What happens when you combine two instructional strategies like PBL and jigsaw? That’s exactly what I did when developing a new workshop for the TCEA 2020 Convention & Exposition called Coaching for Strategic Technology Integration. My initial results? Positive. In this edition of napkin-PD, I share the results of the new structure of my experimentation.
Session Description: Ready to set your students and teachers up for learning success? You will need be strategic. In this session, learn how to blend four components into one. You will adopt high effect size instructional strategies. Then, use a process for blending technology into learning experience. Finally, reflect on a pupil-focused results coaching tool.
In each of my napkin-PD sessions, I focus on organizing the entire workshop into three chunks. Those three chunks may vary a bit in title, but generally fall into these areas:
- Explore. This is where participants learn something new. They are developing background knowledge on a subject.
- Adapt/Create. This is where they make connections between new information and old.
- Share. They create something tangible.
For the 50-minute session of this 90-120 minute learning event, I had to truncate some of the activities or drop them altogether. Let’s take a deeper look.
Revisiting the Objectives
In my session, I wanted to achieve the following objectives. You’ll note that I have attempted to word them as “teacher clarity goals.” The reason why is that the teacher clarity strategy is a high-effect size strategy with an effect size of .76. Here’s a little background on teacher clarity if you are not familiar with it:
Teacher clarity relates to organization, explanation, examples and guided practice, and assessment of student learning. It can involve clearly communicating the intentions of the lessons and the success criteria.
Clear learning intentions describe the skills, knowledge, attitudes, and values that the student needs to learn
There are a lot of ways to use technology to support teacher clarity. In this case, I decided to be up front with adult learners and so told them what my goals were at the start of the session:
- Today we will examine, explore, and reflect how to achieve academic standards. We will do this through the combination of several components. Those components include high-effect size instructional strategies, strategic technology, and pupil-centric coaching efforts.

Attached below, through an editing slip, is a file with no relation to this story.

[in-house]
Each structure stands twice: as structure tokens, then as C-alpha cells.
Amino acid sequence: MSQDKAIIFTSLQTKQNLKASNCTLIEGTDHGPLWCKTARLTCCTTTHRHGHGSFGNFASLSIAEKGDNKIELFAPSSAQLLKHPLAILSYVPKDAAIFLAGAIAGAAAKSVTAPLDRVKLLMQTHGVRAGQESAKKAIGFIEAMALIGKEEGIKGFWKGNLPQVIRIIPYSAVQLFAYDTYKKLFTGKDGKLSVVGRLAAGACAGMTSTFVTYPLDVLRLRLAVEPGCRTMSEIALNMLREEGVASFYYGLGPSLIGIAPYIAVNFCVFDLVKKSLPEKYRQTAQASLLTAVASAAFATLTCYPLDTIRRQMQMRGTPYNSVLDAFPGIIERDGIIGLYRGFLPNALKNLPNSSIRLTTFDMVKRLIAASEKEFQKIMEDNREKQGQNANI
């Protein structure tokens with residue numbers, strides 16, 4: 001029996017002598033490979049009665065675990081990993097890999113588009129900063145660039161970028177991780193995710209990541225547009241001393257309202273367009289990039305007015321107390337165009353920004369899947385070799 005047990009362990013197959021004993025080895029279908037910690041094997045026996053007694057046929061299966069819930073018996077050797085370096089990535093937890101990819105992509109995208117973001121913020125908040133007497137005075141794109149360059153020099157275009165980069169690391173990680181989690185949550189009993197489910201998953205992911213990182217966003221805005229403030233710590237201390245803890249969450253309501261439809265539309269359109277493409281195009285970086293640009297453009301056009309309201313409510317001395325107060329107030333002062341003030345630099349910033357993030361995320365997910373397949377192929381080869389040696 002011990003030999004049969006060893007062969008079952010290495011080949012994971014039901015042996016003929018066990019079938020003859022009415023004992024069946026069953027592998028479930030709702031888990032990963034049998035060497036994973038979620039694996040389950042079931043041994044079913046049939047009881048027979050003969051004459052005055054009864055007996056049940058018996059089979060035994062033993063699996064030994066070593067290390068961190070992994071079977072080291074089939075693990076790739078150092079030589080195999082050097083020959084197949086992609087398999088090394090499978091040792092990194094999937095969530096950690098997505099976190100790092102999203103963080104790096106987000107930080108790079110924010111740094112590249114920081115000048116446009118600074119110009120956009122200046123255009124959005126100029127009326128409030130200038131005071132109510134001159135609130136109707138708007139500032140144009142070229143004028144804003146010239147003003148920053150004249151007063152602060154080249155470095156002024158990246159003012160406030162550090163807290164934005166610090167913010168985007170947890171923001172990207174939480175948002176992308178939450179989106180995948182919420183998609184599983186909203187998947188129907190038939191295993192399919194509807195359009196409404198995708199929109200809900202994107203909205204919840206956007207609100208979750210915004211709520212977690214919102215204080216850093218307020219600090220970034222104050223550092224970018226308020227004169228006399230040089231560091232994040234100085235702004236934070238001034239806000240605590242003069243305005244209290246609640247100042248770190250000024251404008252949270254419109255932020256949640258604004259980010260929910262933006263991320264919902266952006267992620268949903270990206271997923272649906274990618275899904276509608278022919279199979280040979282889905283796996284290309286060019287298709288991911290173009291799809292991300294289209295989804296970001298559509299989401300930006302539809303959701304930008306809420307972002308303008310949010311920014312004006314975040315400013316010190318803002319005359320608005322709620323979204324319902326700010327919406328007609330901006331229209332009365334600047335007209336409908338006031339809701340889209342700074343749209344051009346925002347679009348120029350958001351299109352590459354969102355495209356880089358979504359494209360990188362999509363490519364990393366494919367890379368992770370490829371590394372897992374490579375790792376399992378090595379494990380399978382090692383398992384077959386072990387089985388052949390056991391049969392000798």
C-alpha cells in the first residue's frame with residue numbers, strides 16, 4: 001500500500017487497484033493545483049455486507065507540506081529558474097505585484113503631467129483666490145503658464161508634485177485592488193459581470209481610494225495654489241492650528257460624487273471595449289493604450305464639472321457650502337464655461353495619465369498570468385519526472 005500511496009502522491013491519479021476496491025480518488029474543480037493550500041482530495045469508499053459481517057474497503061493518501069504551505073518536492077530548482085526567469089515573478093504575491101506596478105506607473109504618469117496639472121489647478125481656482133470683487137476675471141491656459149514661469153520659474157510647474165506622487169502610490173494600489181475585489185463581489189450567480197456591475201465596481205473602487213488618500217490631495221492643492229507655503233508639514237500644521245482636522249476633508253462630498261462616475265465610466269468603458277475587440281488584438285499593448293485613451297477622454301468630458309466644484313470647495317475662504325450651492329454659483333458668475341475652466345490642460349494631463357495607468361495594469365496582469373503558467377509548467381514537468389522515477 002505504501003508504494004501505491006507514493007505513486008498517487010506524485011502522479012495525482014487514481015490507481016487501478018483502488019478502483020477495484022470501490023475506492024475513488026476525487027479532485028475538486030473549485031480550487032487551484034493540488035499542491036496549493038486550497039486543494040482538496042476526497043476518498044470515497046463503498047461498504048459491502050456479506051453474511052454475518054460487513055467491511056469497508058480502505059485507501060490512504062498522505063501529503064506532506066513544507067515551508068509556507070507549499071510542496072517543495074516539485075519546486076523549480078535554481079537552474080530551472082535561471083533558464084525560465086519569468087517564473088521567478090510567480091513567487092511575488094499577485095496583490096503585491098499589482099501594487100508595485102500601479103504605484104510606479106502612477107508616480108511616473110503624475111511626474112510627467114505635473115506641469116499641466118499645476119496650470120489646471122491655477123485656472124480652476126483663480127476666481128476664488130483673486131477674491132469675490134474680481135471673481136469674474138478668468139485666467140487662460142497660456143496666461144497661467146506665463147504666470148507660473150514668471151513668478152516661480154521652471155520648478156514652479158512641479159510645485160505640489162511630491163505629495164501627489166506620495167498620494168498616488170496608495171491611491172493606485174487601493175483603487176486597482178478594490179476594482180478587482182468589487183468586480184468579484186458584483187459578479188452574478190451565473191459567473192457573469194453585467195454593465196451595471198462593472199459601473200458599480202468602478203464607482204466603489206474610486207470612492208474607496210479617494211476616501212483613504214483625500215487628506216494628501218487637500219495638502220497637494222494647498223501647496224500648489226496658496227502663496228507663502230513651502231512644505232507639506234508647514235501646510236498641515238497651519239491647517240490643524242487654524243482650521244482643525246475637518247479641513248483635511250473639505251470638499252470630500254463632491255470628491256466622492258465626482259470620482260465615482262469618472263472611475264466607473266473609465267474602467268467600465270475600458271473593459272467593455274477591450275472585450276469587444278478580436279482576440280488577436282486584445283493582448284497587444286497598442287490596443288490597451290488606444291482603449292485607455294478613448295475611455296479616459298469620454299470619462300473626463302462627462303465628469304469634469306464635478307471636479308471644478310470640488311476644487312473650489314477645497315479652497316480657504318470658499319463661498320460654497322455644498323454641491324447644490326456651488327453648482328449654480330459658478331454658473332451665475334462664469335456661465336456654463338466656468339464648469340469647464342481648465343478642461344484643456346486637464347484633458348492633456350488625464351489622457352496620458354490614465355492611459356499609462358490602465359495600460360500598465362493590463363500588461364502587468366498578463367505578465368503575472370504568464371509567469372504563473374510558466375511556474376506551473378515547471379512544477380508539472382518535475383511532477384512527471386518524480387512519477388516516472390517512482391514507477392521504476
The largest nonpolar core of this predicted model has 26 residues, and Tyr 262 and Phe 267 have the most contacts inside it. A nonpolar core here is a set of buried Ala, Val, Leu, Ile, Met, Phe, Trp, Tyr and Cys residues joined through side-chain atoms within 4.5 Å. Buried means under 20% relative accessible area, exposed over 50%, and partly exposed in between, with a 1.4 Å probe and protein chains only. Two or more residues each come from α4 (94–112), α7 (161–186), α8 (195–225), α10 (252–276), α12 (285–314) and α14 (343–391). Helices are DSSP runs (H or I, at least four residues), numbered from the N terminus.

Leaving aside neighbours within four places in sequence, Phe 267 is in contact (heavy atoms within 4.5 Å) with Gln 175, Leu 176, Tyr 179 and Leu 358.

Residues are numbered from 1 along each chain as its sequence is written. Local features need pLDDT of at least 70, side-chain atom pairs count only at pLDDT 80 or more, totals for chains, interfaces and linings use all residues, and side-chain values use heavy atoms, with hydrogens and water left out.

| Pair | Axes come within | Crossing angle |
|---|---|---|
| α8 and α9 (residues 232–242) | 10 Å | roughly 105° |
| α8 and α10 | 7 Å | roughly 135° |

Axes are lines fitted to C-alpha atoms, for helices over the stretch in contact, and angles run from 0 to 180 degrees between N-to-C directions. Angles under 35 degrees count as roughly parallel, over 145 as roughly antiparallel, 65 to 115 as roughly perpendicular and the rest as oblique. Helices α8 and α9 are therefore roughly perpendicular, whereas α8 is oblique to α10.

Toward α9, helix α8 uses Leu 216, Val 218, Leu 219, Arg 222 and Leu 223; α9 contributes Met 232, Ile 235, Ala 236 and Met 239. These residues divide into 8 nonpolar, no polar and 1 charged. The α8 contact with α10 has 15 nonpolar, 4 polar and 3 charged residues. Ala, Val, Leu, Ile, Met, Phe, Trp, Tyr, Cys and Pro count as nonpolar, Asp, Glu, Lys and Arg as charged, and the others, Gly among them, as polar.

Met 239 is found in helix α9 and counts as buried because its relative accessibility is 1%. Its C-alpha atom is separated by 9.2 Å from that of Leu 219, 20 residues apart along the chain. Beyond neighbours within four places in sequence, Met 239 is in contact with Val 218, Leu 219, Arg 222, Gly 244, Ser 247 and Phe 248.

- So we can construct learning experiences for students and staff that will lead to accelerated learning and growth.
- We will know we have it when we reflect on our use of action steps via educational frameworks that provide insight into our work.
To organize this learning adventure, I divided it into three big pieces.
Did You Know?
Sign up for one of our Google Certified Educator certifications. You’ll learn about more than Google Meet, as well as earn 12 CPE hours per course. Use these courses to get Google Educator certified. Find out more online.
Chunking Learning into Modules
Creating bite-sized chunks can be a lifesaver for learners. It makes the learning manageable, memorable, and improves comprehension (source). For adult learning participants, it gives them autonomy within each chunk. That is, they can explore content as they choose. It also enabled me as the lesson designer to take complex content and make it easier to process in the short time available.
The main pieces, which I further chunked into smaller bites, included:
- Meet the Problem. “There’s a big school board meeting coming up. Your superintendent needs you at Central Office right away. Drop what you’re working on and head on over there.”
- Crafting Your Solution. Now’s the time to put your heads together to craft the best presentation you can that combines the four key elements.
- Reflect. Take a moment to reflect on the process. Explore the gap between where your organization is now and the ideal and then reflect the ideal in your team’s presentation with steps to get there.
Each section involved more work.
Smaller Bite-Sized Chunks
To get people moving in the right direction, I introduced a problem via role play. This involved casting some audience members (I recruited them as they arrived). The unlucky folks stepped into the role outlined in the problem below. Here’s the call to action, although you can read the whole scene online:
“Our school board president and I have spoken. Our scores say we are treading water, maintaining the status quo. For some districts, that would be enough. But here in our district, we must have a focus on accelerating student growth more than one year.”
“We have agreed that we’re going to put together a plan for moving forward, a plan that accelerates growth for ALL students. For too long, we’ve been working in silos with several initiatives. We will put those together. We will be successful, we will ensure accelerated student growth is our TOP priority.”